Boyd says it’s still early in his tenure, but he’s working to review data and information with the school corporation’s Board of Education. This week, Boyd says he will be meeting with the administrators of the three schools to find out where adjustments can be made to their expenditures.
The goal, according to Boyd, is to balance the budget without impacting student performance.
“It’s going to take more than just tweaking,” says Boyd. “It’s going to take some structural re-alignments of the district and at this point a lot of options are on the table to be looked at.”
Boyd says that as more concrete plans are developed, the school board’s plan is to share their vision with the public prior to implementing changes to their budgets.
Action by the board to react to the changes in revenue expectations is anticipated at some point this year.
Posted on January 22, 2016
Author Tyler Maffitt, WKVI
The North Judson-San Pierre School Board has agreed to take part in a program that they hope will reduce the likelihood of truancy among students.
During this week’s Board of Education meeting, “Project Attend” was discussed. The program is being operated between the Starke County Prosecutor’s office and Probation Department, along with the local school corporations.
Interim N.J.-S.P. Superintendent Bob Boyd says it’s designed to enhance the attendance of certain segments of their student body.
“So it kicks in a process after 10 days of absence during the course of the school year that involves the parents, the student, the school personnel as well as the county people in terms of the prosecutor’s office and so forth,” says Boyd.
According to statements made by Starke County Prosecutor Nick Bourff earlier this month, a step process will be involved that hopes to intervene with students missing class for an extended period.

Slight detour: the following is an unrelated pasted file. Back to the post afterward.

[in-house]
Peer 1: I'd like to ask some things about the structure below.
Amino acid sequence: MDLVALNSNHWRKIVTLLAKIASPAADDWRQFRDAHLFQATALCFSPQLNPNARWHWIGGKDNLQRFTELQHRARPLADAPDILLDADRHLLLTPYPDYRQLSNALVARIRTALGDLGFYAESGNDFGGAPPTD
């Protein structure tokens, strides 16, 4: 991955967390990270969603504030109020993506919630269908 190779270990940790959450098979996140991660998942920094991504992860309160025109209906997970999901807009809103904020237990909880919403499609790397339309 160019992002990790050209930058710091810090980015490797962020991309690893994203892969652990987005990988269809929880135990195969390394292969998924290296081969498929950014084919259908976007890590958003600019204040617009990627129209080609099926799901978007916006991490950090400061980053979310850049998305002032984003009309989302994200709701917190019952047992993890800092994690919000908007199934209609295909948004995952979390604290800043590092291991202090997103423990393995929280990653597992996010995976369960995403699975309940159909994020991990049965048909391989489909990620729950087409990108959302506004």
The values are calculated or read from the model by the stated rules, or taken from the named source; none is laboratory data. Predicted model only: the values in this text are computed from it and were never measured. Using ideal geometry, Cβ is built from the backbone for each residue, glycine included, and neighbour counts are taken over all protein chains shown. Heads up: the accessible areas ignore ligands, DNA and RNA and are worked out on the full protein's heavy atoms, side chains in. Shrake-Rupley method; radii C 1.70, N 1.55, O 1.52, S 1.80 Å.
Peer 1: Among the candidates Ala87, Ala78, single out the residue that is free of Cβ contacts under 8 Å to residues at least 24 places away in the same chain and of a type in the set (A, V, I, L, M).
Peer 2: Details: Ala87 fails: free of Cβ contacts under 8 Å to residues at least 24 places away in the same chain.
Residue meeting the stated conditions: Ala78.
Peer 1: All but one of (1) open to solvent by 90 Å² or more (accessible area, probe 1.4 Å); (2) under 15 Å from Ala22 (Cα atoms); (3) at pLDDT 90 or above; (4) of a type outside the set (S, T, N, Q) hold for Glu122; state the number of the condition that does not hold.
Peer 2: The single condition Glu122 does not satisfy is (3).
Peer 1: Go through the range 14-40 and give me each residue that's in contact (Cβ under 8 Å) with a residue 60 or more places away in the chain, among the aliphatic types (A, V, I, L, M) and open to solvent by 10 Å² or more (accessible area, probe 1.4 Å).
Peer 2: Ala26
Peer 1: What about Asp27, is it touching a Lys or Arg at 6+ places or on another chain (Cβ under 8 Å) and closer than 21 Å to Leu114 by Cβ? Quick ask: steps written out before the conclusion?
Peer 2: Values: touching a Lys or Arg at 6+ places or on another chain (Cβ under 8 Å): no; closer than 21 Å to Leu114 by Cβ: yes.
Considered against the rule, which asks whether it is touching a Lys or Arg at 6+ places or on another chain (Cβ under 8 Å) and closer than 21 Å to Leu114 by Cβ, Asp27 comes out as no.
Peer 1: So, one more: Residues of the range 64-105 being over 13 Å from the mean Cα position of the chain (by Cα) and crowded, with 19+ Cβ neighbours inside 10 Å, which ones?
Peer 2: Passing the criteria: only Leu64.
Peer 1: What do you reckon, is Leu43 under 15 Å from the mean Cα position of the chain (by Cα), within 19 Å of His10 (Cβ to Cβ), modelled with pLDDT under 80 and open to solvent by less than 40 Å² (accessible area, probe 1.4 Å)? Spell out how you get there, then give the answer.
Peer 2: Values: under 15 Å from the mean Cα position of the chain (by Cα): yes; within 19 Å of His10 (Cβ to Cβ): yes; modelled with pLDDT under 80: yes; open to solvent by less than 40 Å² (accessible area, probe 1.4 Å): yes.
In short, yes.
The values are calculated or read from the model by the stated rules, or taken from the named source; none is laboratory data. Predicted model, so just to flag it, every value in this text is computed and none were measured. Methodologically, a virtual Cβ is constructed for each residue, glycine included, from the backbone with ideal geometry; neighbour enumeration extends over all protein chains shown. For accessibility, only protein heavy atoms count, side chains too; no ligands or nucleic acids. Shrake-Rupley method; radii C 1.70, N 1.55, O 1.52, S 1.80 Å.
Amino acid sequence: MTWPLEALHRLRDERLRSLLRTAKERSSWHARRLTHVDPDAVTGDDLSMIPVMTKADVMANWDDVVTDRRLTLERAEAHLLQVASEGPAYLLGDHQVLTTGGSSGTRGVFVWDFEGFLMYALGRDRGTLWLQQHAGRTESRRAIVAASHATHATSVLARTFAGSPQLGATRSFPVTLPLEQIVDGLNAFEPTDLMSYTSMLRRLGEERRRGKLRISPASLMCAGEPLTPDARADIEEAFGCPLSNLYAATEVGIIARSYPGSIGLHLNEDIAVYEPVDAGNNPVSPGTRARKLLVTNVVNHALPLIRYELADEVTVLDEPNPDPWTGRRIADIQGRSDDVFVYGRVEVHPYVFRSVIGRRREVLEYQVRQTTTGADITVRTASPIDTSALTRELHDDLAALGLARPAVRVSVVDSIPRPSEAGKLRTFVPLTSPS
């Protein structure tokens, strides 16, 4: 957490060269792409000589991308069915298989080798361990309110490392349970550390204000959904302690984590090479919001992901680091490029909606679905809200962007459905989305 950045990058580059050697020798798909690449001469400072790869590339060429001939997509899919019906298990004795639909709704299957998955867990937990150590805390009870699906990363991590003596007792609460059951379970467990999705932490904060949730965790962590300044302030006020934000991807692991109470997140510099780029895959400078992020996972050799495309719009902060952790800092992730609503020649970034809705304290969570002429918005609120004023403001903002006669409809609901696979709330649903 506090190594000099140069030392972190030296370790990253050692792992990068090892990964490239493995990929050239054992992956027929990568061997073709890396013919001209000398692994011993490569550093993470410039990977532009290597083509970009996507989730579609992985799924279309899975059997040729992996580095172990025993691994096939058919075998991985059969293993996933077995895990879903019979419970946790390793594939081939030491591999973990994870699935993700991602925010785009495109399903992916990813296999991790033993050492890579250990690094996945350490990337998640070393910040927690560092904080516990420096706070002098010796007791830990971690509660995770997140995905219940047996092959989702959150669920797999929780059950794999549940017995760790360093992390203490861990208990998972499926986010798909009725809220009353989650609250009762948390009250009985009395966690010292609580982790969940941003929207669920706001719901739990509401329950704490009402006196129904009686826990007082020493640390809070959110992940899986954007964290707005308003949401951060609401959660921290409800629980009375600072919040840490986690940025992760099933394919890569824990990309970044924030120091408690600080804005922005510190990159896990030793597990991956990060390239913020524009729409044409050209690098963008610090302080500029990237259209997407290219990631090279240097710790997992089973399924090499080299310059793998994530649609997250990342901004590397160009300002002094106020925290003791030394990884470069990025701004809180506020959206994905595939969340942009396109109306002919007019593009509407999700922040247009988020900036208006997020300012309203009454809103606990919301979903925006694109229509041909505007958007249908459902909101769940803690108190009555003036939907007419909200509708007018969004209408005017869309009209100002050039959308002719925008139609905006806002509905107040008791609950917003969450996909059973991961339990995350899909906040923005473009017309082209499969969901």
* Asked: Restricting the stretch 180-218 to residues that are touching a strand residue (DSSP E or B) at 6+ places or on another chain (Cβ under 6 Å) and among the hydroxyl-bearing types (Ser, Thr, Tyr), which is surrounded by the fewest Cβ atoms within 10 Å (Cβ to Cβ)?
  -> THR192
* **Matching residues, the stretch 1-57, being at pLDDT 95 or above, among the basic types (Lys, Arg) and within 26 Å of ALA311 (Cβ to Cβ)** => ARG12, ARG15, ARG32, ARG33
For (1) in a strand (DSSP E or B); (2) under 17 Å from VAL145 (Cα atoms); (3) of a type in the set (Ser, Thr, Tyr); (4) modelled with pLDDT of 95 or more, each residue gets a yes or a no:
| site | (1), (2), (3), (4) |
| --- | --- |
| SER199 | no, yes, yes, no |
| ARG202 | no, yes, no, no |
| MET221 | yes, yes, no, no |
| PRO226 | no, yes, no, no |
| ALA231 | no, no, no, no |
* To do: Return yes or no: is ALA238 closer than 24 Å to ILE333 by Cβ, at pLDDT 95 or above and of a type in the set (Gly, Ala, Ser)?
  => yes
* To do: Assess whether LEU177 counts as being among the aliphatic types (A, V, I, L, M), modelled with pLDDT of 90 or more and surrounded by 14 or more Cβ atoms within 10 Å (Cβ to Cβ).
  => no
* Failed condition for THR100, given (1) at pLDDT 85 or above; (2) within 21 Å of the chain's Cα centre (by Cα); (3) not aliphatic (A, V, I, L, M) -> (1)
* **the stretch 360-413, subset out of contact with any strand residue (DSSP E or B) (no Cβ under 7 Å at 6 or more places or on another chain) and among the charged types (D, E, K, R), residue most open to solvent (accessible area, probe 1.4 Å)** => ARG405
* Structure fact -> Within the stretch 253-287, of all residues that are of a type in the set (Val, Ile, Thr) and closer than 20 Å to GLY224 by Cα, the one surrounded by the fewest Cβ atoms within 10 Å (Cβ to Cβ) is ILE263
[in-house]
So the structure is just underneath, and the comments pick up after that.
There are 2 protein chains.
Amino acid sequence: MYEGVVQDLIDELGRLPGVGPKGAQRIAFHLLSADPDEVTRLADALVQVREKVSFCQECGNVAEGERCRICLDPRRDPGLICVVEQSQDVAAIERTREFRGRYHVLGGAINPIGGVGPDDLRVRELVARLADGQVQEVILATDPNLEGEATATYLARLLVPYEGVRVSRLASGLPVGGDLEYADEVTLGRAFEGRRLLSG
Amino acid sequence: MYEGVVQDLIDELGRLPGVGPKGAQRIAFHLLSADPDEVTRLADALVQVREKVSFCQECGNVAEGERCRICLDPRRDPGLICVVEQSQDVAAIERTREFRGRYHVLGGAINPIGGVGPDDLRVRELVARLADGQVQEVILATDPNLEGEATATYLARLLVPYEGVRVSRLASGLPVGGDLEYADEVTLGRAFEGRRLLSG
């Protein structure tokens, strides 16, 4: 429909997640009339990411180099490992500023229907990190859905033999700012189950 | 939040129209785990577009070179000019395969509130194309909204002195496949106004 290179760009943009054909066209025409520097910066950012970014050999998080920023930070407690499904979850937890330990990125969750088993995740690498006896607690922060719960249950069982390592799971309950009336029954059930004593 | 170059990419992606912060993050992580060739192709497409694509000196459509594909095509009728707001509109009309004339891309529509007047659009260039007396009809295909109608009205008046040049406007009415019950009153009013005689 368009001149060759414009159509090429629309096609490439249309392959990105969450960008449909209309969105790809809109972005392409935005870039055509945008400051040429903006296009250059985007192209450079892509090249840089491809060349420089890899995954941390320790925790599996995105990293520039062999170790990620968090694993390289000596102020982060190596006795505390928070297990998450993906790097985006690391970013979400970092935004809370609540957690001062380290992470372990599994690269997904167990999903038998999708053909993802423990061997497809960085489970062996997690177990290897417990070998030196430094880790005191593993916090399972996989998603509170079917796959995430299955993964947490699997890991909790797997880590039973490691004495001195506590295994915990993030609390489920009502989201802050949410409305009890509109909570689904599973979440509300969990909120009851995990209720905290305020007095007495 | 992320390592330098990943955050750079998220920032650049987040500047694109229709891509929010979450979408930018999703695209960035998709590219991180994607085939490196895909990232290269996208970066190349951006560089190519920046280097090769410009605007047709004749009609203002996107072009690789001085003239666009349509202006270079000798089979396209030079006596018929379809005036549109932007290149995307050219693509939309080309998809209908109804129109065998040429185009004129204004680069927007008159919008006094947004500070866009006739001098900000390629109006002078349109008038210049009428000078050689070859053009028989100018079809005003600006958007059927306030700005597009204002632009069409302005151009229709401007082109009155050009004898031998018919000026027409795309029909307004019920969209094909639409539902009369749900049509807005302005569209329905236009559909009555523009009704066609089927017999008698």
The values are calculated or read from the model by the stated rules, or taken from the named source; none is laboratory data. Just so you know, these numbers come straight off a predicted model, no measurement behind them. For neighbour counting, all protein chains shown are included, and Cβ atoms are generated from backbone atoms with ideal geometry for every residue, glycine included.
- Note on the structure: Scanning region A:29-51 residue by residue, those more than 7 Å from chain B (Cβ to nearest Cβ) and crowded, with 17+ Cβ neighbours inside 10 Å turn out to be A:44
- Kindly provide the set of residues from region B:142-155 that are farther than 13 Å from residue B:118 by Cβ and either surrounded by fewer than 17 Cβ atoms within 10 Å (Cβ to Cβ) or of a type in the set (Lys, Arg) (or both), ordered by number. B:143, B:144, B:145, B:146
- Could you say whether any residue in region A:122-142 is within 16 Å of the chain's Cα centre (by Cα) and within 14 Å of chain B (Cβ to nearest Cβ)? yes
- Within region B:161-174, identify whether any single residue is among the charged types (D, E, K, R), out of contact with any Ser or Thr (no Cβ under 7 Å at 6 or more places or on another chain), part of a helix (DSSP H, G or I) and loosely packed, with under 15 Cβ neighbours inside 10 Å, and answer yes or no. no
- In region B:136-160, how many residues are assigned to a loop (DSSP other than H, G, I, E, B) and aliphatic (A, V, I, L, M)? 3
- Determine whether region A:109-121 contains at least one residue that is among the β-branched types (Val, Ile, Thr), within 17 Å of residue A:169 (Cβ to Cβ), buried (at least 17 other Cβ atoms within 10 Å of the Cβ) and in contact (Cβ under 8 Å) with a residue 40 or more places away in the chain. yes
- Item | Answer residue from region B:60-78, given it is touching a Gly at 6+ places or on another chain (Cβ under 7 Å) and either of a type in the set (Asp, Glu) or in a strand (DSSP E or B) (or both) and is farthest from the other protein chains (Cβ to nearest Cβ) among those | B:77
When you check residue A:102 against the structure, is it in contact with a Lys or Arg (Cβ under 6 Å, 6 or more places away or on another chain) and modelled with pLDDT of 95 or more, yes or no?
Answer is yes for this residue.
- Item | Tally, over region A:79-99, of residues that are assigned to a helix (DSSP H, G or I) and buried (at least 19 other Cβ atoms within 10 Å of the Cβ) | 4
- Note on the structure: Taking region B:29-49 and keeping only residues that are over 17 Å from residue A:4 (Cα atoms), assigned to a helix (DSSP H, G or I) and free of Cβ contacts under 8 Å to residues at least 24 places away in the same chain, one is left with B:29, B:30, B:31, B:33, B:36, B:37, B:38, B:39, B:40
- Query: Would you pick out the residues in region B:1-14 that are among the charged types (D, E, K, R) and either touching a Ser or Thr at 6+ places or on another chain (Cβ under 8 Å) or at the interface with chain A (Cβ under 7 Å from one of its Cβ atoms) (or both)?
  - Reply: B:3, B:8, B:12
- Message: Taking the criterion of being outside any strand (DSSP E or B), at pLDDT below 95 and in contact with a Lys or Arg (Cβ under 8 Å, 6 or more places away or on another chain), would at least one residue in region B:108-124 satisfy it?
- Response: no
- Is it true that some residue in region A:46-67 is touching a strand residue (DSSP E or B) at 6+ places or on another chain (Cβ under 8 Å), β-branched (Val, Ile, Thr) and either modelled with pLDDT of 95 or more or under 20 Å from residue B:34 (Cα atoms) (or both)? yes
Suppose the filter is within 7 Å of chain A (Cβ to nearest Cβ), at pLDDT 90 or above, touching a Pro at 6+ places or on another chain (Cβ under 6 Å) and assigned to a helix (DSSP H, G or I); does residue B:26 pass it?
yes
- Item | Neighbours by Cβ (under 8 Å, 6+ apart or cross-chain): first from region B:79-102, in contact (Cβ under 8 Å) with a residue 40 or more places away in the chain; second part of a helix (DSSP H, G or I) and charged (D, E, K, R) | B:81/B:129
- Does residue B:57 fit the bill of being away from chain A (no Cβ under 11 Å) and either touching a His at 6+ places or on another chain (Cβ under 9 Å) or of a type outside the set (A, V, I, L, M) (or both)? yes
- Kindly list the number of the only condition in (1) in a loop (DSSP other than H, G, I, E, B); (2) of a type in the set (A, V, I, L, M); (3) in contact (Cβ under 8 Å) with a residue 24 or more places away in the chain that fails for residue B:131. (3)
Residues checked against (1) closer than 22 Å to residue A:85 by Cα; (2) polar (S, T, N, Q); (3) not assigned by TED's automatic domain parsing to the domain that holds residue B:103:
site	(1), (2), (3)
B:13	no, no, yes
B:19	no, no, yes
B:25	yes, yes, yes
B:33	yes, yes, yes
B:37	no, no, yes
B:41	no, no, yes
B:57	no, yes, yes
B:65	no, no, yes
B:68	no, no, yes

Certain cases of truancy are remedied simply by providing an alarm clock to families in need. Other cases are referred to phone calls for unexcused absences with an intervention by the Juvenile Probation Department in Starke County.
Boyd says North Judson – San Pierre would partake in the plan if a student has unexcused absences.
“Then a meeting would be called to bring together the school people, the parent, the child, the folks in the probation office and work out a plan for how to get the child back in school,” says Boyd.
The Knox School Corporation agreed to the plan earlier this week.
The N.J.-S.P. School Board approved participation in Project Attend, unanimously.
Homework isn’t always easy. That’s why the Homework Hotline is here to help. It’s a free math and science tutoring service for Indiana students in grades 6-12.
Tutors are Rose-Hulman Institute of Technology students who major in math, science or engineering—which means they’re more than equipped to help with virtually any math or science homework problem.
Student privacy is always protected, and students are never asked for their last name or phone number. The Homework Hotline is funded by Lilly Endowment Inc. and Rose-Hulman Institute of Technology.
The program is certified by the National Tutoring Association.